Jonathan Moore | Politically Erect
Published: Thursday, February 20, 2014
Updated: Thursday, February 20, 2014 08:02
I had the privilege of attending a lecture given by former Black Panther Party leader, activist, political prisoner and writer Dorhuba al Mujahid bin Wahad on Tuesday, and what a remarkable experience that was. Without detailing his biography in this column, just know that his words were not only fiery and impassioned but of the most sincere conviction: experience. He spoke of the importance of activism being guided by love instead of hate and urged those of us in the audience to stand up against the racial injustice that continues to permeate the fabric of our society. Perhaps his most riveting question was this: “Why aren’t you outraged?” I swallowed the knot in my throat as he peered into the audience. Again, he asked, “Why aren’t you outraged?”
I am outraged… or at least I believe I am most of the time. As a writer who advocates for critical thinking and feeling about race, gender, class, sexuality and the like, one could say my bread and butter is watering down outrage to fit for print; encapsulating the essence of sit-ins and protests and judicial actions into a 600 word column or 140 character tweet, fit for consumption. And so this has got me thinking. Am I really outraged? If so, why am I doing so little to turn that outrage into action?
Much can be said about the power of writing and the necessity for written thought and opinion to be expressed and shared -- its contributions to dialogues and debates cannot be understated. But something I’ve been struggling with recently is how we move beyond this often academic, sometimes theoretical, superficial analysis, critique or commentary sideshow to something real, something tangible and something revolutionary. Sure, I can sit here all day and talk about queer liberation and the importance of safe spaces for youth and the dire need for more inclusive sexual education in public schools. But how does this translate into anything remotely beneficial to the queer youth of color back in my hometown of Detroit that are caught up in a multi-faceted system of disadvantage and oppression? When does thoughtful conversation verge on academic masturbation? When does activism in the names of millions verge on self-aggrandizement for the person we stare at in the mirror?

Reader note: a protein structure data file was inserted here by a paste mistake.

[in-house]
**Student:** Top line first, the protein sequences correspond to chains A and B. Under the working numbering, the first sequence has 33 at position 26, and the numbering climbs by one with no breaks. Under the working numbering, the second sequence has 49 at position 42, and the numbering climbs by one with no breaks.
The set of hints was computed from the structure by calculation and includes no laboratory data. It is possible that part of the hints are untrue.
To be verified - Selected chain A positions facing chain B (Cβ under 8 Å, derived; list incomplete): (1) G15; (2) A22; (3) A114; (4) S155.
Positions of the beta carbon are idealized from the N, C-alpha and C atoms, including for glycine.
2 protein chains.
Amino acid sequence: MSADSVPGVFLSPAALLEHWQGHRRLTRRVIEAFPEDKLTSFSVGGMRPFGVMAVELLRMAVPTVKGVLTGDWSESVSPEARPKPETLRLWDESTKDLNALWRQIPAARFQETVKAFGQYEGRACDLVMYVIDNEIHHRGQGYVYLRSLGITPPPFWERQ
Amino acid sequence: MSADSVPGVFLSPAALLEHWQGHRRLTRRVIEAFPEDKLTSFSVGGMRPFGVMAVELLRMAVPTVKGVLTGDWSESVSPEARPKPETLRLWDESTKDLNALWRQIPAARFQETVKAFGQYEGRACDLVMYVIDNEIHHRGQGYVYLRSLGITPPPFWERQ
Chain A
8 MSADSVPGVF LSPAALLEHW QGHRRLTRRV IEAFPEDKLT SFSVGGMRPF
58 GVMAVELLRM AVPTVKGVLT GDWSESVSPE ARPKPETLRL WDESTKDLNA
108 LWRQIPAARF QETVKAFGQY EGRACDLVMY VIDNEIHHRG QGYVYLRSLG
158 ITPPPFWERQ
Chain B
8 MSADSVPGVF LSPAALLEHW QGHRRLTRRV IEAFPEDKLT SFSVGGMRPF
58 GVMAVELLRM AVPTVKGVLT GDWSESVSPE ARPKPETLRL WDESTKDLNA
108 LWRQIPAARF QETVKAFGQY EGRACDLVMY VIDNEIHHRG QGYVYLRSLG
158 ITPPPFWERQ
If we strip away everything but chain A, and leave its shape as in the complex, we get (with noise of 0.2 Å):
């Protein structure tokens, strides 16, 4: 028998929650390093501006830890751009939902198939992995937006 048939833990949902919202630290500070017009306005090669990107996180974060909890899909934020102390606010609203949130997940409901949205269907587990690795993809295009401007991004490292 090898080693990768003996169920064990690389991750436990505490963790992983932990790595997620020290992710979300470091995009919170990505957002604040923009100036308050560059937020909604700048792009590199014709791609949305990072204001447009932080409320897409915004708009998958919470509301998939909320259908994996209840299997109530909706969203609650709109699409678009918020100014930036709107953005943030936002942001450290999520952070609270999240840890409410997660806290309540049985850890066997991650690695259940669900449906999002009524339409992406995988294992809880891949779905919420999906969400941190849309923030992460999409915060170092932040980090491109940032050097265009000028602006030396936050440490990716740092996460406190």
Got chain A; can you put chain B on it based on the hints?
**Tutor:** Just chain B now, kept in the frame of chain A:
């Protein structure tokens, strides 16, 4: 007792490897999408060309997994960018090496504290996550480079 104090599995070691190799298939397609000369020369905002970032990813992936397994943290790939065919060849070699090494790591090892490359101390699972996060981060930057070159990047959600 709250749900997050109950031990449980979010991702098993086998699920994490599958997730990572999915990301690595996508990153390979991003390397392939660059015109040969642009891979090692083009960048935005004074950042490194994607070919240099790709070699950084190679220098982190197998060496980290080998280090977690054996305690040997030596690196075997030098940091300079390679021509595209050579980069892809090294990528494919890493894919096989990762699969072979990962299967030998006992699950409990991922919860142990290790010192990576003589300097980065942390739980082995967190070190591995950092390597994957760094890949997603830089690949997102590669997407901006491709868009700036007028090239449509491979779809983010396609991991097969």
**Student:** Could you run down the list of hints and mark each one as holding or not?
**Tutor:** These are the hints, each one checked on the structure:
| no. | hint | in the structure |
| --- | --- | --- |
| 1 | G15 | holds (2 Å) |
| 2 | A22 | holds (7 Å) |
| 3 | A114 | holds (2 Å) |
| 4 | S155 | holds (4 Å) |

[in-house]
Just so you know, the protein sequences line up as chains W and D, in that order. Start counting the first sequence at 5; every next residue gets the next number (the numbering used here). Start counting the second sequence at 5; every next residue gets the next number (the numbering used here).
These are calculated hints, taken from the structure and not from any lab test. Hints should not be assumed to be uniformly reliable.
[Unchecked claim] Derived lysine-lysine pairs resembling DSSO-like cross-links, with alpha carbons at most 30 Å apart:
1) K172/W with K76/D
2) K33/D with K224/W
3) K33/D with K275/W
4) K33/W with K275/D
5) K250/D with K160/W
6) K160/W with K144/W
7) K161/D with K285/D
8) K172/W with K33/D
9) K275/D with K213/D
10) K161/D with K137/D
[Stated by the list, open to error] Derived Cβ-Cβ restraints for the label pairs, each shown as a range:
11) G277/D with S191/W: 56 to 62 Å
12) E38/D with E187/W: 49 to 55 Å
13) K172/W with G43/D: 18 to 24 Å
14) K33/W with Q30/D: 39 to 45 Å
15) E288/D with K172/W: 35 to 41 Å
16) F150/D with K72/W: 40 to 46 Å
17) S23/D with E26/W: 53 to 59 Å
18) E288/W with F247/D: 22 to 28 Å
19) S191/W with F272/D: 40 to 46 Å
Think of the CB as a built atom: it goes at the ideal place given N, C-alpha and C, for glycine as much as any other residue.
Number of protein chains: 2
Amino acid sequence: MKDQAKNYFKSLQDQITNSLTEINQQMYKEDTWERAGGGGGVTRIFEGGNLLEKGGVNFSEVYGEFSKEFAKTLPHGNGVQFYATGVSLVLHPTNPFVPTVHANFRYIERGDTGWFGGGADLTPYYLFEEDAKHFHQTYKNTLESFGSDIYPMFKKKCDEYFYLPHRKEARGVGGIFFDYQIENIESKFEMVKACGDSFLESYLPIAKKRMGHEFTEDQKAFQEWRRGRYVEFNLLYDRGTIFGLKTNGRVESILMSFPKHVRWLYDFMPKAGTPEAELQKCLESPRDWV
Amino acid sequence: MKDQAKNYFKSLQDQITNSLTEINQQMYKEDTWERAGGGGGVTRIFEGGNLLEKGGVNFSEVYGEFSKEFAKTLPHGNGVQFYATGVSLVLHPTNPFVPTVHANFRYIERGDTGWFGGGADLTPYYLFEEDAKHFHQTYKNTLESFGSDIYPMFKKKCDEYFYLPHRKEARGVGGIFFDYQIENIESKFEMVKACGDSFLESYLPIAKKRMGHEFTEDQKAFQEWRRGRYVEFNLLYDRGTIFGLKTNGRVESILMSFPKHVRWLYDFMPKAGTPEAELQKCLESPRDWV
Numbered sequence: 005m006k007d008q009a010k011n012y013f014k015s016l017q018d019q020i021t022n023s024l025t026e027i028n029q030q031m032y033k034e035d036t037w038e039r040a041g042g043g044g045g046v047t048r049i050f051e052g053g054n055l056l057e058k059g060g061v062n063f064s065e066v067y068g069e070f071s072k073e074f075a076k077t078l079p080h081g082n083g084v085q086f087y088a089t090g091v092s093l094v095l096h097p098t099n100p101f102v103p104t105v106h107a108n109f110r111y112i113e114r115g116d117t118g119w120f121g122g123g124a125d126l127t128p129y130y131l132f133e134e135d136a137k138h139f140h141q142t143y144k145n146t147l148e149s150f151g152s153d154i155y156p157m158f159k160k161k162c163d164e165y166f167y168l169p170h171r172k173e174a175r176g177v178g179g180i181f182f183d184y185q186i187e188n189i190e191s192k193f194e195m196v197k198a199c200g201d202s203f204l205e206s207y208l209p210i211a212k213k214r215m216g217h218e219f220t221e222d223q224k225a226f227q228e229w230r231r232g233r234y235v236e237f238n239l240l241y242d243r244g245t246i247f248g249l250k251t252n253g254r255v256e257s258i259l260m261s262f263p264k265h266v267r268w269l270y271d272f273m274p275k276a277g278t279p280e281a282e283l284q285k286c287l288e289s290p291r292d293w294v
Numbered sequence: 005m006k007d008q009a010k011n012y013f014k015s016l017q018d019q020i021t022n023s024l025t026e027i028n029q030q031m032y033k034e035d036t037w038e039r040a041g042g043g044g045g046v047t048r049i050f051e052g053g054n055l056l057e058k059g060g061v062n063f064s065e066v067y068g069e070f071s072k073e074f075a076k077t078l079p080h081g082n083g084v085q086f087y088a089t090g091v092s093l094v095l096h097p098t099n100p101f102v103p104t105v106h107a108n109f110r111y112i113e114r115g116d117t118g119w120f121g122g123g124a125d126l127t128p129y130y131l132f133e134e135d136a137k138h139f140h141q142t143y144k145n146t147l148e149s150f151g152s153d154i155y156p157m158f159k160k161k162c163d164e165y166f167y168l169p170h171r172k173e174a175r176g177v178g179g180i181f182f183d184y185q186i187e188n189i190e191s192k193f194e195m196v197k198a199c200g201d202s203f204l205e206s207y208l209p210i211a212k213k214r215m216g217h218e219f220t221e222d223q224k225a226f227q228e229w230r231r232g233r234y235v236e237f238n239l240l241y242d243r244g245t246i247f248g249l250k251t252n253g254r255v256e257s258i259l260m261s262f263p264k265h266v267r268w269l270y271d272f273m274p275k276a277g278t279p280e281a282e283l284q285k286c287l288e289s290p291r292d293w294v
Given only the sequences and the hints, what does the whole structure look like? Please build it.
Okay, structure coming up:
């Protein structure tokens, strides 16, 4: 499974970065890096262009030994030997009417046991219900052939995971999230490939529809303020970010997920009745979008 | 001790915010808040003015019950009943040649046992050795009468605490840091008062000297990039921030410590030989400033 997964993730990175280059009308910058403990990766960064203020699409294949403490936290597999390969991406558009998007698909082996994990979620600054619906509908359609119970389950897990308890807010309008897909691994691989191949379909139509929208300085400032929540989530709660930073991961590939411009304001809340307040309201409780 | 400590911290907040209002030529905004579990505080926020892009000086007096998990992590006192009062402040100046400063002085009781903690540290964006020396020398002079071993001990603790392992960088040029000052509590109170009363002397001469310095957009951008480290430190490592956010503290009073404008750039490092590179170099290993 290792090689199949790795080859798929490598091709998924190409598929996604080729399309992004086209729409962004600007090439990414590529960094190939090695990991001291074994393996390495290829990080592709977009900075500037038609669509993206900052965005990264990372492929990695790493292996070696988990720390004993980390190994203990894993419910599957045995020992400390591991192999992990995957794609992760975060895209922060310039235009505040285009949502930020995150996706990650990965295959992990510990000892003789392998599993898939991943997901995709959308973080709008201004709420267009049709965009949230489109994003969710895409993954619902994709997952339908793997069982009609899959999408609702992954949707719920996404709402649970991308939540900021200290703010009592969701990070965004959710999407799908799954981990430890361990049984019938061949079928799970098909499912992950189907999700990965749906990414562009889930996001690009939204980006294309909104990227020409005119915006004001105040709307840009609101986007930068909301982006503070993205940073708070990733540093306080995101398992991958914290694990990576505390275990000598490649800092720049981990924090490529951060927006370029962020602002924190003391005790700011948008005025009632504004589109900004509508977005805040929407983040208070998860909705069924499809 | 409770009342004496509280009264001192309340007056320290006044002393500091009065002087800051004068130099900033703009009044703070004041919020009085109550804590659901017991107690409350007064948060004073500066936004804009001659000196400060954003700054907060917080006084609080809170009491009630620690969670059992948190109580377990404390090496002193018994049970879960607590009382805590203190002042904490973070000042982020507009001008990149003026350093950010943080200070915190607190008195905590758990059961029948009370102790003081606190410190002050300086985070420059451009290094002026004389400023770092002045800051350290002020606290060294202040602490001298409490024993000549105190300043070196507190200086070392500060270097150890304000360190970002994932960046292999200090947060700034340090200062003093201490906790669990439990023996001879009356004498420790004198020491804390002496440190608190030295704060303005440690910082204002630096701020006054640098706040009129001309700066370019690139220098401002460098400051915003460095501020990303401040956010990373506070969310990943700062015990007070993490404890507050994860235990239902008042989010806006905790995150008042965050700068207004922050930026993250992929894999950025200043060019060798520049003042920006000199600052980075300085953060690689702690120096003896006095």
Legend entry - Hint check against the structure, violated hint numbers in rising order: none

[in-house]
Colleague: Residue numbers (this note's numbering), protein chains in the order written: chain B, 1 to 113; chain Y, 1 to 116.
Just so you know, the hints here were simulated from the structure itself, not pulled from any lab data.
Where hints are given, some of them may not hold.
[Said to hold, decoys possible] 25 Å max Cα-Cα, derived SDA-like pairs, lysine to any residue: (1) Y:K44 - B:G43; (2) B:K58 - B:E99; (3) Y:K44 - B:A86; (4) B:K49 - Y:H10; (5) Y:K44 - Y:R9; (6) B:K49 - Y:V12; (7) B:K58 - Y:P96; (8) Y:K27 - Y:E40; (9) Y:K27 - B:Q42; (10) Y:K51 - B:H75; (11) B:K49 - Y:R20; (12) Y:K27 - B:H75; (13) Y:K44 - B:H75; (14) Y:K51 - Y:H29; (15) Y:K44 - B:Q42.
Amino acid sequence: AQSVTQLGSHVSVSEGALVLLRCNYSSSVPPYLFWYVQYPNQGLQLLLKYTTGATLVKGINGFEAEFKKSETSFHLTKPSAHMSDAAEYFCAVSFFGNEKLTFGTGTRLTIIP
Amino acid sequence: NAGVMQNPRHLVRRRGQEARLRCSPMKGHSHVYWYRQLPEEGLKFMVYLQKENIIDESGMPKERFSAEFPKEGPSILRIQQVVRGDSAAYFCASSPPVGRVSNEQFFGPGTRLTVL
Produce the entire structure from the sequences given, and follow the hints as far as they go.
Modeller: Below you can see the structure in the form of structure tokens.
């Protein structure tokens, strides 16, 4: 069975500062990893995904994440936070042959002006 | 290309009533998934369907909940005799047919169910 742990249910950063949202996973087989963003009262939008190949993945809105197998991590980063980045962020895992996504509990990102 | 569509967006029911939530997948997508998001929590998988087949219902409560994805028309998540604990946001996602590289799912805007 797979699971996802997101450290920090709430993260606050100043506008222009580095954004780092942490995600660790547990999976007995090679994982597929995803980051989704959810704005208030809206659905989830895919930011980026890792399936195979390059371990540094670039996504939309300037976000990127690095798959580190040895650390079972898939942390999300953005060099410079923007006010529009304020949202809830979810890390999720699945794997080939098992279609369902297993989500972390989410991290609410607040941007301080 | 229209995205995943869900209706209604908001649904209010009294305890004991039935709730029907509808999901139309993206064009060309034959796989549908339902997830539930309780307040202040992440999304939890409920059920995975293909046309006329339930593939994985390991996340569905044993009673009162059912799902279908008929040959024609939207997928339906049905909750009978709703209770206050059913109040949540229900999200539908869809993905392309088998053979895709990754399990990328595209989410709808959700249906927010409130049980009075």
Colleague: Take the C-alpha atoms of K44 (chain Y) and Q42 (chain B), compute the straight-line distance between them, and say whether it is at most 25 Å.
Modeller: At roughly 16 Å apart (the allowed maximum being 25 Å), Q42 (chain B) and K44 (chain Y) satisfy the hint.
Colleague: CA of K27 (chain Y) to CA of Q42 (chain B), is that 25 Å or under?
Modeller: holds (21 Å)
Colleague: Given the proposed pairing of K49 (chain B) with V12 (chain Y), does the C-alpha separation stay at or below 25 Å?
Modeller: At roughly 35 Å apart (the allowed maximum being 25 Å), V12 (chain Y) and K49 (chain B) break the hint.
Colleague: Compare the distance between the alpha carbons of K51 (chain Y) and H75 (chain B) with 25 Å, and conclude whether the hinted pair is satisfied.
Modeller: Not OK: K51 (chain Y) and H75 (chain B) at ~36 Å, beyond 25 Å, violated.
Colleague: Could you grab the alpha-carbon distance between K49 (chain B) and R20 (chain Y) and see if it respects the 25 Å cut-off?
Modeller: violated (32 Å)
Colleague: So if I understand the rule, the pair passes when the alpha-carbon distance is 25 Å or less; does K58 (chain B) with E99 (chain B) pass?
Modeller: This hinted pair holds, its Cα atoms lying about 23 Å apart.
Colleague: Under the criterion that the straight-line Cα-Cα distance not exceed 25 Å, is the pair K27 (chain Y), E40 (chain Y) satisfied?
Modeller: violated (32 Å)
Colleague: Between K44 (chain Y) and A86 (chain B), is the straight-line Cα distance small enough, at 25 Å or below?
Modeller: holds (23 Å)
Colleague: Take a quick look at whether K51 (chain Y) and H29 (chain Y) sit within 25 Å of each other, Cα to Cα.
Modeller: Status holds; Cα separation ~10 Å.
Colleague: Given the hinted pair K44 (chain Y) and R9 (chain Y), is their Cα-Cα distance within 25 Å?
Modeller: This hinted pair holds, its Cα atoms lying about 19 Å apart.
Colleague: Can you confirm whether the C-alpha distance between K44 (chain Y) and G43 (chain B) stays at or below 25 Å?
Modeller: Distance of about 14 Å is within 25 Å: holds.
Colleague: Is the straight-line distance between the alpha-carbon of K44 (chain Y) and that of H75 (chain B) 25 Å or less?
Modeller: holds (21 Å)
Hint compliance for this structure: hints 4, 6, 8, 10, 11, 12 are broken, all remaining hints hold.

I understand I often ask more questions here than I attempt to answer, and this is for two reasons: 1) I don’t know the answers and 2) I know I’m not the only college student asking myself these questions, especially on a campus like Tufts where nearly everyone is passionate about something and we all feel as though we’re “radical” and “revolutionary.” I’m beginning to understand that in an effort to be supremely politically correct and hyperaware of social issues we are losing the ability to ask tough questions that remain unanswered, drowning in information with which we have nothing to do with, and vying to be Ash Ketchum of the oppressed (“… to save them is my real test…”).
The reality is that no matter what I write about in this column -- sexism, racism, wealth inequality, the destruction of our planet, mass incarceration, you name it -- and no matter how outraged you believe you would be about it -- what’s the likelihood that it will ever turn into action? Where do we even begin when the task is building a movement? Perhaps we start with words -- columns, articles, talk shows, banter, debates, forums, polls and studies. Or maybe we say this time, in my life, in my now, I act now. I shout now. I fight now. I risk now.
Then, and only then, will I honestly be able to say that I’m not just outraged, I am furious. And that fury will no longer be for me alone.